Issues in the Halifax transit workers strike

Metro Transit workers employed by the Halifax Regional Municipality walked off the job in the early hours of February 2 resisting demands for concessions in their collective agreement. The 763 unionized employees are represented by Amalgamated Transit Union Local (ATU) 508 and they provide and maintain bus and ferry service to some 50,000 commuters daily. They have been without a collective agreement since September 2011.

On January 12, the union membership rejected the contract proposed by the transit authority by a resounding 98.4 per cent. Wages are not the issue. The union was willing to recommend a very modest 0.5 and 3.5 per cent increase to its membership over the two-year contract sought by management.

Contract negotiations broke off with more than 70 outstanding items still on the table after months of negotiations. The main issue is that the city is demanding concessions on contract language that in some cases has been in effect for forty years. Currently all mechanics and drivers are full-time employees. Management is demanding the union agree to the introduction of part-time work and contracting out of work.

According to Ken Wilson, President of ATU Local 508, city officials had requested that the conciliator file his report with the aim of forcing a strike or lockout. It is clear, he said, that the municipality is trying to force them to accept these concessions and destroy the union.

Wilson dismissed the city’s claim that contracting out had been taken off the table. The city said it would not contract out work that’s on the “schedule run guide.” If the local were to sign such an agreement, Wilson said, maintenance work could be sub-contracted, Access-A-Bus could be sub-contracted, and ferry service could be sub-contracted. The city’s demands are unacceptable.

The union points out that management is already moving in that direction. For instance, rather than replace vacant “interior wash” positions, management has outsourced the work to a local auto detailing company, The Shine Factory. Based on statements by city spokesperson Shaune MacKinlay, that deal is actually more expensive than simply filling the vacant cleaner positions. The city is paying $281.57 to clean a standard sized bus – which Metro Transit drivers deliver for cleaning – while it would cost the city only $220 if unionized transit workers did the job. Clearly, contracting out is not about cost savings for the city!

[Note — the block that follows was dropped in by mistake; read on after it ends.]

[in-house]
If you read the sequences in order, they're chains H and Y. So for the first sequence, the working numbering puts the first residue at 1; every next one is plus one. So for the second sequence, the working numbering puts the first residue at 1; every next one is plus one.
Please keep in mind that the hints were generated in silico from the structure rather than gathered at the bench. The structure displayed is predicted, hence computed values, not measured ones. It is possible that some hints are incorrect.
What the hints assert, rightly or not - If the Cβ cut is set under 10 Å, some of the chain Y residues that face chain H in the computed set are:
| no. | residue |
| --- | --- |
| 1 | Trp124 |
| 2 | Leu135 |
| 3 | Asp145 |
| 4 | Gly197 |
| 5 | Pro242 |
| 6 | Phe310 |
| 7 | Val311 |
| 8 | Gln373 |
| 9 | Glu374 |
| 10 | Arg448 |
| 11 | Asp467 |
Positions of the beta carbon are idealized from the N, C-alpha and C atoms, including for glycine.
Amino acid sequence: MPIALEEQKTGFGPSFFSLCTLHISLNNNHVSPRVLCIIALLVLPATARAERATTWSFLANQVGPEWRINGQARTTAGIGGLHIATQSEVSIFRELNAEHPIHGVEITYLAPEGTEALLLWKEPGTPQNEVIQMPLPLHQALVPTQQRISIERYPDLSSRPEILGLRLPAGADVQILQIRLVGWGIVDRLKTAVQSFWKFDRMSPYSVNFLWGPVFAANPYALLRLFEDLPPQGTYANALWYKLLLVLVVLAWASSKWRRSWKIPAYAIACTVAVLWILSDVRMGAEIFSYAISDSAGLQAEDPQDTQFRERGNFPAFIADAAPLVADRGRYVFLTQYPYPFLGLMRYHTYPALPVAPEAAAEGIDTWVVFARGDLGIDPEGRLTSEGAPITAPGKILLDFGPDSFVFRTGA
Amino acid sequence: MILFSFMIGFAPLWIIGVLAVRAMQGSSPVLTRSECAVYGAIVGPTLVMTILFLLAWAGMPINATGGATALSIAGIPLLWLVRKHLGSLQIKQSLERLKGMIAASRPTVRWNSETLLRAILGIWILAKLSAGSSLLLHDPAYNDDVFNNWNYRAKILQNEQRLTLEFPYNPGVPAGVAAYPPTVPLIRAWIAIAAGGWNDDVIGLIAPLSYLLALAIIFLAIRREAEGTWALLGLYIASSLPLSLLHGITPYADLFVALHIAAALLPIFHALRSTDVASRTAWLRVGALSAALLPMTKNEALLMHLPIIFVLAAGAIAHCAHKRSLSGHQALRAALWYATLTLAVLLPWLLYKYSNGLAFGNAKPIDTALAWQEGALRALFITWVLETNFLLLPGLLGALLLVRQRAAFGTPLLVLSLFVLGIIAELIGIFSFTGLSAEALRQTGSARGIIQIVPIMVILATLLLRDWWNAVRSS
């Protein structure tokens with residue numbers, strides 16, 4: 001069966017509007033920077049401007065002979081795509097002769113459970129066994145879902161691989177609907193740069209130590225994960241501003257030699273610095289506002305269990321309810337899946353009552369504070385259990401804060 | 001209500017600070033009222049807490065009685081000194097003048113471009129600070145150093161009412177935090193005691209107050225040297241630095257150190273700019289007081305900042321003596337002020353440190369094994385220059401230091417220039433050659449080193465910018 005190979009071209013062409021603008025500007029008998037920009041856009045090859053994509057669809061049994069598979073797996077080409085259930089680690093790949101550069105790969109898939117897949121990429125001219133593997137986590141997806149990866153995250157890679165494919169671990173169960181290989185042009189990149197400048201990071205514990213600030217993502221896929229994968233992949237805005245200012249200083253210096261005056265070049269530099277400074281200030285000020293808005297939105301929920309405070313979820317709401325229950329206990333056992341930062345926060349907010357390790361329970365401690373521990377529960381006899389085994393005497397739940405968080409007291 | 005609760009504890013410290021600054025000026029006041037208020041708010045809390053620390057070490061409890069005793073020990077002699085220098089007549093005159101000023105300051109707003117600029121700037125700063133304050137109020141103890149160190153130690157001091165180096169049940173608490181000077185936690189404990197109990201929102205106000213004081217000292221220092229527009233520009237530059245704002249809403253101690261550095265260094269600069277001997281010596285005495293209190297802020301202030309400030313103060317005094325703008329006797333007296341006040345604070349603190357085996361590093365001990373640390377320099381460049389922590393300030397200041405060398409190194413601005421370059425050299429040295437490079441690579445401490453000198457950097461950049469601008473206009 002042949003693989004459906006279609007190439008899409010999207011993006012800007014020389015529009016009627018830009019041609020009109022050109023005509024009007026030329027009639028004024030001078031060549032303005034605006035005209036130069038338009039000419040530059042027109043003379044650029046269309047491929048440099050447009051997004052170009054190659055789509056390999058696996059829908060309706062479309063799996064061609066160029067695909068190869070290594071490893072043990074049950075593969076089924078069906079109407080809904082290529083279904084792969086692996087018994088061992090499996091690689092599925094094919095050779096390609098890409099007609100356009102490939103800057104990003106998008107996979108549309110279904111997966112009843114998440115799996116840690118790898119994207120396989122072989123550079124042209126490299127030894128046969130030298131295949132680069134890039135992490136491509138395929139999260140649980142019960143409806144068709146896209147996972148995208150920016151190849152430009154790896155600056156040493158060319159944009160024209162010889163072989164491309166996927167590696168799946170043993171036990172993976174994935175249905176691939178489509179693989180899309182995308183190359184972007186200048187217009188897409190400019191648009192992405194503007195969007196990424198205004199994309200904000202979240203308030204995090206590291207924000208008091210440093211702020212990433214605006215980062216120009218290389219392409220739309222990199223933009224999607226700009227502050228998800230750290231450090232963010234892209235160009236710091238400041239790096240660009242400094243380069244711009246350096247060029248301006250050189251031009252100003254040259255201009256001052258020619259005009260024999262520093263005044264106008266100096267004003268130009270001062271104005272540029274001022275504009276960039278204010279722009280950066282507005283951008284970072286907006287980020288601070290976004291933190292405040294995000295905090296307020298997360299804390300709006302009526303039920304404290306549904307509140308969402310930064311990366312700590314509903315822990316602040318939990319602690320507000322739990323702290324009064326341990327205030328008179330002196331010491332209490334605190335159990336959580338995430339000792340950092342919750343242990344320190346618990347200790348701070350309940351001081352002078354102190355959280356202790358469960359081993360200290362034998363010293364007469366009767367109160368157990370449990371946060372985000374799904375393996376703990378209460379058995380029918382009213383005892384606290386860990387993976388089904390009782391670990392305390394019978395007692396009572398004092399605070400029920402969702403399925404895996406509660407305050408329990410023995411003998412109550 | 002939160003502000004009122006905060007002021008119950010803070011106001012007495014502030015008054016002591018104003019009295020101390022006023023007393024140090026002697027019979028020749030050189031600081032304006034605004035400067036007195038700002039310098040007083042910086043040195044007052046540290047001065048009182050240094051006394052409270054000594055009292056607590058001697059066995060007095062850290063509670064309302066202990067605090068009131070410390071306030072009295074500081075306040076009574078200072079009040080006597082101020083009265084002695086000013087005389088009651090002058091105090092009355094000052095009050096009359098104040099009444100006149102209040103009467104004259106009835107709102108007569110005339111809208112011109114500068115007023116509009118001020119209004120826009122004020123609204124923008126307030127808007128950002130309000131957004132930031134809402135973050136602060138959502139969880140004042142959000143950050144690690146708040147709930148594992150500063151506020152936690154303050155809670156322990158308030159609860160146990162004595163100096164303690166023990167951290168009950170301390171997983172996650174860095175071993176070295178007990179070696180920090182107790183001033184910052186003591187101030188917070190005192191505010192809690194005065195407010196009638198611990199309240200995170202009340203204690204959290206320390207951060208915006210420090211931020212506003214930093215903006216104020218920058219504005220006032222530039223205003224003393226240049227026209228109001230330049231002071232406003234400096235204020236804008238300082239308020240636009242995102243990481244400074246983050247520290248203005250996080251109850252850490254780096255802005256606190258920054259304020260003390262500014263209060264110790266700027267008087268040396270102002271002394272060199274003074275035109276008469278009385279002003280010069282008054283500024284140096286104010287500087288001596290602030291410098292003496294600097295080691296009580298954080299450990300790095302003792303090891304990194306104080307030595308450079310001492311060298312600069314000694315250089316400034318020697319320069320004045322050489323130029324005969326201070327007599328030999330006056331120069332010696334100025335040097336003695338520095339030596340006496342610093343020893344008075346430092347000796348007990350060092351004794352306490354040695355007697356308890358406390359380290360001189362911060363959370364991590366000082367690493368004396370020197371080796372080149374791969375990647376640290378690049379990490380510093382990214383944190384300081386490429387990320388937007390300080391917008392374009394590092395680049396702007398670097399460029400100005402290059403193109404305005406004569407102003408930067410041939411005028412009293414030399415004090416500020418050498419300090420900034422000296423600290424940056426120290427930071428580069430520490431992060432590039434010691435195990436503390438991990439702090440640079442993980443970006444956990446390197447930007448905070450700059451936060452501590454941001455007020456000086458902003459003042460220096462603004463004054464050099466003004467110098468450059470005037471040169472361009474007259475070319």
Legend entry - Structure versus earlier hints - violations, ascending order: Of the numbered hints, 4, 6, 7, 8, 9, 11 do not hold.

Another issue on the table is shift scheduling. For forty years drivers have decided their shifts based on seniority. Management wants to scrap that and assign either fixed eight-hour shifts starting at 5:00 am or split shifts.

The overwhelming strike vote shows how serious the Halifax transit workers consider this fight. The concessions management is demanding of the union and its members were raised in an earlier contract negotiation and soundly rejected by transit workers then as well. They are determined to defend their jobs and working conditions against contracting out of their work to private, for profit, service providers.

TML Daily, February 8, 2012 – No. 14. Photos courtesy of Halifax Media Co-op

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